Going Greener and Reusable Product Containers
January 6, 2012
Our lives are routine. Even with our disposal of the waste we produce. We collect our garbage and sort our recycling and off to the curb it goes. For most of us this is all we need to do. Somehow as if magic the waste we have collected over the course of the week, suddenly is gone. Out of sight and out of mind, however, what happens after your bins are emptied?
Here is a short video which will show you where your recyclables are taken and what happens to them when they get there. This is a video of a recycling plant in the UK, however, the process is the same world wide. Also keep in mind that this is just a few days worth of collected material.
When I watched this video I was quite proud of my recycling efforts. It seemed obvious that this was making a difference to the environment. Then I looked further.
I learned In New York, each week, approximately 64,000 tons of household and institutional waste are collected and taken, well, taken somewhere, but where? I had never thought to ask. After more research I became aware of the immense distances trash travels and the amount of cost and energy used to transport, transfer, recycle, incinerate or dump it. It poses obvious questions about how we expend environmental resources in support of our country’s, and the world’s, vast consumption practices.
For example, one bag of your garbage collected in New York can travel as far a 3000 miles before it reaches it’s destination. What this means is that thousands of large trucks each day may travel great distances, consuming vast amounts of fuel, which contributes to carbon waste in the air we breathe. Not to mention the hundreds of millions of dollars it costs tax payers each year to make this all happen.
The ultimate destination for our waste is landfills sites. The USA alone has 3.091 active landfill sites and over 10,000 old municipal landfills. Here is a picture of a typical landfill location. The site is in Pennsylvania; it was a former flood plain and is adjacent to the Delaware River.
We all try to contribute to a healthier and more sustainable environment , but are we doing enough?
When I began producing the Easy Eye Solutions products I had in mind that what ever packaging I used needed to be made with recycled material and could be reusable. My aim was to use packaging that would not end up in a landfill or a recycling plant, packaging that was unique and could be reused for years. It needed to be small enough to not take up much room and to be used successfully with practically any content, from liquids to thick creams. It had to be airless, to ensure that the product it contained would be free from contaminates and that the contents would last a very long time. Unfortunately, the packaging for our Under Cover Highlighter is the only container not reuseable, but is made with recycled material. The bottles for the eye tuck serum and cream met our criteria perfectly.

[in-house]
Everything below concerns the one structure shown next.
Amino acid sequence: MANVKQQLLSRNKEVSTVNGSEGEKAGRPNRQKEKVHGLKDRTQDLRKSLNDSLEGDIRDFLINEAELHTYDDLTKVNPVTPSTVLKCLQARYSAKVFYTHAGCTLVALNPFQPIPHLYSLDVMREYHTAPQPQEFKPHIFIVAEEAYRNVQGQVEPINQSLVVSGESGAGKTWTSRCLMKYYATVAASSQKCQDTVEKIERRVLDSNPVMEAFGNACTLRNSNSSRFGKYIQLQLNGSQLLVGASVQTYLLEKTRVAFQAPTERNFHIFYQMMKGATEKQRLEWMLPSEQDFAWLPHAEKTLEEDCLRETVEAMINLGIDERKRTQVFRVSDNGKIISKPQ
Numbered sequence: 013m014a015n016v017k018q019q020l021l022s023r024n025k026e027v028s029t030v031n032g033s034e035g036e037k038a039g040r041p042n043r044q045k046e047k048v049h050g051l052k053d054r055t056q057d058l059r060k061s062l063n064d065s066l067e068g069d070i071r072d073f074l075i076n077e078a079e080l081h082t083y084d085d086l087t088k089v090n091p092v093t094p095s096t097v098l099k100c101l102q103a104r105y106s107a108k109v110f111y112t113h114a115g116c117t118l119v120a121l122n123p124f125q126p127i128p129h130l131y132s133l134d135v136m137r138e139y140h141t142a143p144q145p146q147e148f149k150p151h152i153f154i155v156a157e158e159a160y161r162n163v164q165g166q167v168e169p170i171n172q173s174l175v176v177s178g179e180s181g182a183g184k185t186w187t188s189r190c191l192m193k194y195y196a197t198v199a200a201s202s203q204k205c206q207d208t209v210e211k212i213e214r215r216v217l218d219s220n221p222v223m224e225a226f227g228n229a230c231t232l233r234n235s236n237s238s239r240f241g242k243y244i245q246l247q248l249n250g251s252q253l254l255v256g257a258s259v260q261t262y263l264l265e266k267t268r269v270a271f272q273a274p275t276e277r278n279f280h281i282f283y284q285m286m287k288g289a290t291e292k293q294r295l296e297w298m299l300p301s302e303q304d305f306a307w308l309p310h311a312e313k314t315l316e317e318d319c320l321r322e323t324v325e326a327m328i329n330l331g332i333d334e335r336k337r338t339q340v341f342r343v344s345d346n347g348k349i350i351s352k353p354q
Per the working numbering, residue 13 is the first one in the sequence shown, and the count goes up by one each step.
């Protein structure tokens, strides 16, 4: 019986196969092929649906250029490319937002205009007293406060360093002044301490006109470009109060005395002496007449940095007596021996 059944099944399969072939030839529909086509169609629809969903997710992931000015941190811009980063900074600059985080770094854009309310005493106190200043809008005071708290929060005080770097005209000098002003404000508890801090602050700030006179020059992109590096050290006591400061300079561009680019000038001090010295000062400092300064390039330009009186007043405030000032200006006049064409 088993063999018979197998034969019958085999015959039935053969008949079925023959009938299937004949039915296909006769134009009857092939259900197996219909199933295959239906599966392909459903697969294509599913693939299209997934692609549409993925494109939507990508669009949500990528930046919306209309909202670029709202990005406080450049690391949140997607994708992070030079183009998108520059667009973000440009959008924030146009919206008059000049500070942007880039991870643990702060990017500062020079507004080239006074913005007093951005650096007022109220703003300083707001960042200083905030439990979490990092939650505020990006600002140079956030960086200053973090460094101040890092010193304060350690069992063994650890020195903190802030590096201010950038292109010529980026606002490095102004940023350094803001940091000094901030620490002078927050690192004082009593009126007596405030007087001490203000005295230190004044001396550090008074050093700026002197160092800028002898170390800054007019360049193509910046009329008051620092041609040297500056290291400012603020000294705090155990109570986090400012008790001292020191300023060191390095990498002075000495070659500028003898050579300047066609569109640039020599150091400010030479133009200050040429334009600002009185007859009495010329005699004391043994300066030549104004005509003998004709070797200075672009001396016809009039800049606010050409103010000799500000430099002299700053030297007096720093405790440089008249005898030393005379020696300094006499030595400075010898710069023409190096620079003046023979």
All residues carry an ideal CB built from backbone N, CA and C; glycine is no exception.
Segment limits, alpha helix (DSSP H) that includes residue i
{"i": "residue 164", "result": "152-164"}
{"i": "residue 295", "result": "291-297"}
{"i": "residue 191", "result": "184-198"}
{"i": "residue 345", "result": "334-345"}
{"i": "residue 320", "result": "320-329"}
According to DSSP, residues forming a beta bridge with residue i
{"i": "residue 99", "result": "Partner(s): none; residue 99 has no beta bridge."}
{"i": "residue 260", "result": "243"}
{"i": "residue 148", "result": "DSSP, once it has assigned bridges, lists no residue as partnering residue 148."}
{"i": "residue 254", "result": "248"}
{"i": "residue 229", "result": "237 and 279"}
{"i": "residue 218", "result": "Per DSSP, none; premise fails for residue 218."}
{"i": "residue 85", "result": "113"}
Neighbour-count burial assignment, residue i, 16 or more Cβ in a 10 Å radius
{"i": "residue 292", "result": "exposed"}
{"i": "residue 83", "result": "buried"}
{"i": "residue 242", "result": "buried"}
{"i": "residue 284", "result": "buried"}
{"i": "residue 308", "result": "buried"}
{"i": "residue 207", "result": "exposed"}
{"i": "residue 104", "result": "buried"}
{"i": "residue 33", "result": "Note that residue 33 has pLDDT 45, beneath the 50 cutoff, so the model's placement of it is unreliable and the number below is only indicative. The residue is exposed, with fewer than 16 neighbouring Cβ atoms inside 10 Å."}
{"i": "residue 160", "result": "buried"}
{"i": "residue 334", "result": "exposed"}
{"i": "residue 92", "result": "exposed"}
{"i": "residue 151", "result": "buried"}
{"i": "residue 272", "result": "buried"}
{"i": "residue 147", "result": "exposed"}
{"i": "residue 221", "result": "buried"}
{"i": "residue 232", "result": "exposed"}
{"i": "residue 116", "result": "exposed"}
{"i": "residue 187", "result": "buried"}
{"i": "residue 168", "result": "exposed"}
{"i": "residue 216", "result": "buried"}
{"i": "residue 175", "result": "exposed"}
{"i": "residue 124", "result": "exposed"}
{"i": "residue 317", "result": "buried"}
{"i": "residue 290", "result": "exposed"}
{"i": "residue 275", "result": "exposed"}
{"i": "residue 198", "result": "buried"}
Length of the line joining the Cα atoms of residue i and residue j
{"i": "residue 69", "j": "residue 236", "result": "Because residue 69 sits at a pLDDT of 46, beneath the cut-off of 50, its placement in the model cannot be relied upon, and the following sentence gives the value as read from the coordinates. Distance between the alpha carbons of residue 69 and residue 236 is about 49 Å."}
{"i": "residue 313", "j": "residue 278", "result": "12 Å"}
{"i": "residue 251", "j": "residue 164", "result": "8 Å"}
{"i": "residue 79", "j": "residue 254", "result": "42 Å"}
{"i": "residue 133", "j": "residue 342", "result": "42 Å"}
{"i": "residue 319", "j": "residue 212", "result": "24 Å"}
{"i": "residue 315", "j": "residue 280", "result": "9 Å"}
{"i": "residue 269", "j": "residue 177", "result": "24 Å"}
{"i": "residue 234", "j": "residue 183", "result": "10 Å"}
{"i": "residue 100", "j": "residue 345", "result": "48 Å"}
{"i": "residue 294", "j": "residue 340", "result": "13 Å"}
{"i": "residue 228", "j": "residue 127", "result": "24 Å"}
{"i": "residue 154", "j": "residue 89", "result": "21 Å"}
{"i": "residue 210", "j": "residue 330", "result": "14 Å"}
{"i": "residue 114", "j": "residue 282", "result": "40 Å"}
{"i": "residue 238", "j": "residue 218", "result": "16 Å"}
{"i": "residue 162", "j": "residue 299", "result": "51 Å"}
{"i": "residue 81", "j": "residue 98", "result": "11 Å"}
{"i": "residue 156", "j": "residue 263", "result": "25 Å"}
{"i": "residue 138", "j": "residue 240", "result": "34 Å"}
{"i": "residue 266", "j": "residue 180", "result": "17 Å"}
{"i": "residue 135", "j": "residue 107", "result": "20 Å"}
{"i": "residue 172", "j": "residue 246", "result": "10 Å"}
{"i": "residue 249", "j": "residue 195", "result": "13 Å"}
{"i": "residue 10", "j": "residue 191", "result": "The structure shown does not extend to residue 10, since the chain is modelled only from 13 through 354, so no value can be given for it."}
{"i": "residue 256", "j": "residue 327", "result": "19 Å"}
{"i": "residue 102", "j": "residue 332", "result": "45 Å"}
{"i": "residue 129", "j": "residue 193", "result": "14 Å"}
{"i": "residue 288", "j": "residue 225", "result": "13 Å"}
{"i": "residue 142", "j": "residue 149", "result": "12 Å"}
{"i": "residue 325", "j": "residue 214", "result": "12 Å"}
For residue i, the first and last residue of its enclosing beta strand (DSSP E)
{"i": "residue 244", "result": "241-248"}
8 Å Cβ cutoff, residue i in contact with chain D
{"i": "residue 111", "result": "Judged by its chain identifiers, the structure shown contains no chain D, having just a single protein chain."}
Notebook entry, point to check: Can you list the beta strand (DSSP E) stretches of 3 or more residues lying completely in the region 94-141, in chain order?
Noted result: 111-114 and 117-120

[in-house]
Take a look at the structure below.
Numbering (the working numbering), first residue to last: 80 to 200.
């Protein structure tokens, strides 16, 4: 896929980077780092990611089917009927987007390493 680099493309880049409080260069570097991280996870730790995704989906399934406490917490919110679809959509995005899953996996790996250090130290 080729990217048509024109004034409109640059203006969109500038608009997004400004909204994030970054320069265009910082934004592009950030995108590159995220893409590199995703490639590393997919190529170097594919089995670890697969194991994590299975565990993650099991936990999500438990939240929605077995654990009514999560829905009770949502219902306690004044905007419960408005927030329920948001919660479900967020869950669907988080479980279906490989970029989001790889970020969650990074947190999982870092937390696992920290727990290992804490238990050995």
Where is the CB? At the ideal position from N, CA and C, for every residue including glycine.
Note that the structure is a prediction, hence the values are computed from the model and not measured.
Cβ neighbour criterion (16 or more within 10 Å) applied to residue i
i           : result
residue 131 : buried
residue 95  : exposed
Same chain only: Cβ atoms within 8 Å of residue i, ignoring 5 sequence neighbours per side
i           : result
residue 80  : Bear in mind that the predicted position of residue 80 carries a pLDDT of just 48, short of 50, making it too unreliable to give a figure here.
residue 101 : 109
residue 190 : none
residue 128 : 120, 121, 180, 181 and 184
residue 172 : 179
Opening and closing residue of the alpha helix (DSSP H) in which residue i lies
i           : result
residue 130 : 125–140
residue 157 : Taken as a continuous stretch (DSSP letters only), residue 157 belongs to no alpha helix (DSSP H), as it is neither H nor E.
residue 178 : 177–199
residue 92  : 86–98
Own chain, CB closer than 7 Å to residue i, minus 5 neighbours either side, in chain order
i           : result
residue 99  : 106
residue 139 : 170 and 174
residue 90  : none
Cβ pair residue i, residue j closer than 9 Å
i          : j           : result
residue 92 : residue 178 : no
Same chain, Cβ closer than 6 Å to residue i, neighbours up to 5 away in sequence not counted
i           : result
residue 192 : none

How much packaging do we throw away each week? Every thing from chewing gum wrappers to the containers for food we eat. After all, isn’t this what you put in the recycle bin? Which by the end of the week is crammed with material. Here is an example of what I am talking about. Below are pictures of a breath freshener I purchased. Notice the packaging. Also notice the amount of waste after the product is taken out of the package. After the breath freshener is used up that container also ends up in the trash. Is the dispenser reusable? Not a chance. I will not purchase this product again. Not because it is not a great breath freshener, but the amount of waste left behind is excessive and only adds to the ever increasing burden faced by waste removal agencies and taxpayers everywhere.
Accumulation of small actions can create a big change. As consumers and citizens of the world we have a responsibility to make wise and creative decisions. Which, over time, will make a lasting difference and send a message to corporations that they need to make a greater effort to be part of the solution and produce goods which are manufactured and packaged with environmental conservation a priority.
Today, I avoid purchasing goods with unnecessary layers of packaging. I keep my shopping choices as simple as possible. I use my own shopping bags and am mindful of how much is thrown in the trash and how much needs to be recycled. I have been able to cut my contribution to landfills and recycle bins by half. Certainly this has been an adjustment but a conscious effort which I believe will make a difference on some level down the road. Every bit counts and will make less of an impact if we continue to be consistent and mindful. It is my responsibility to make the best effort possible to ensure a better future for our children, who will have better things to do than clean up our mess resulting from years of neglect and indulgence.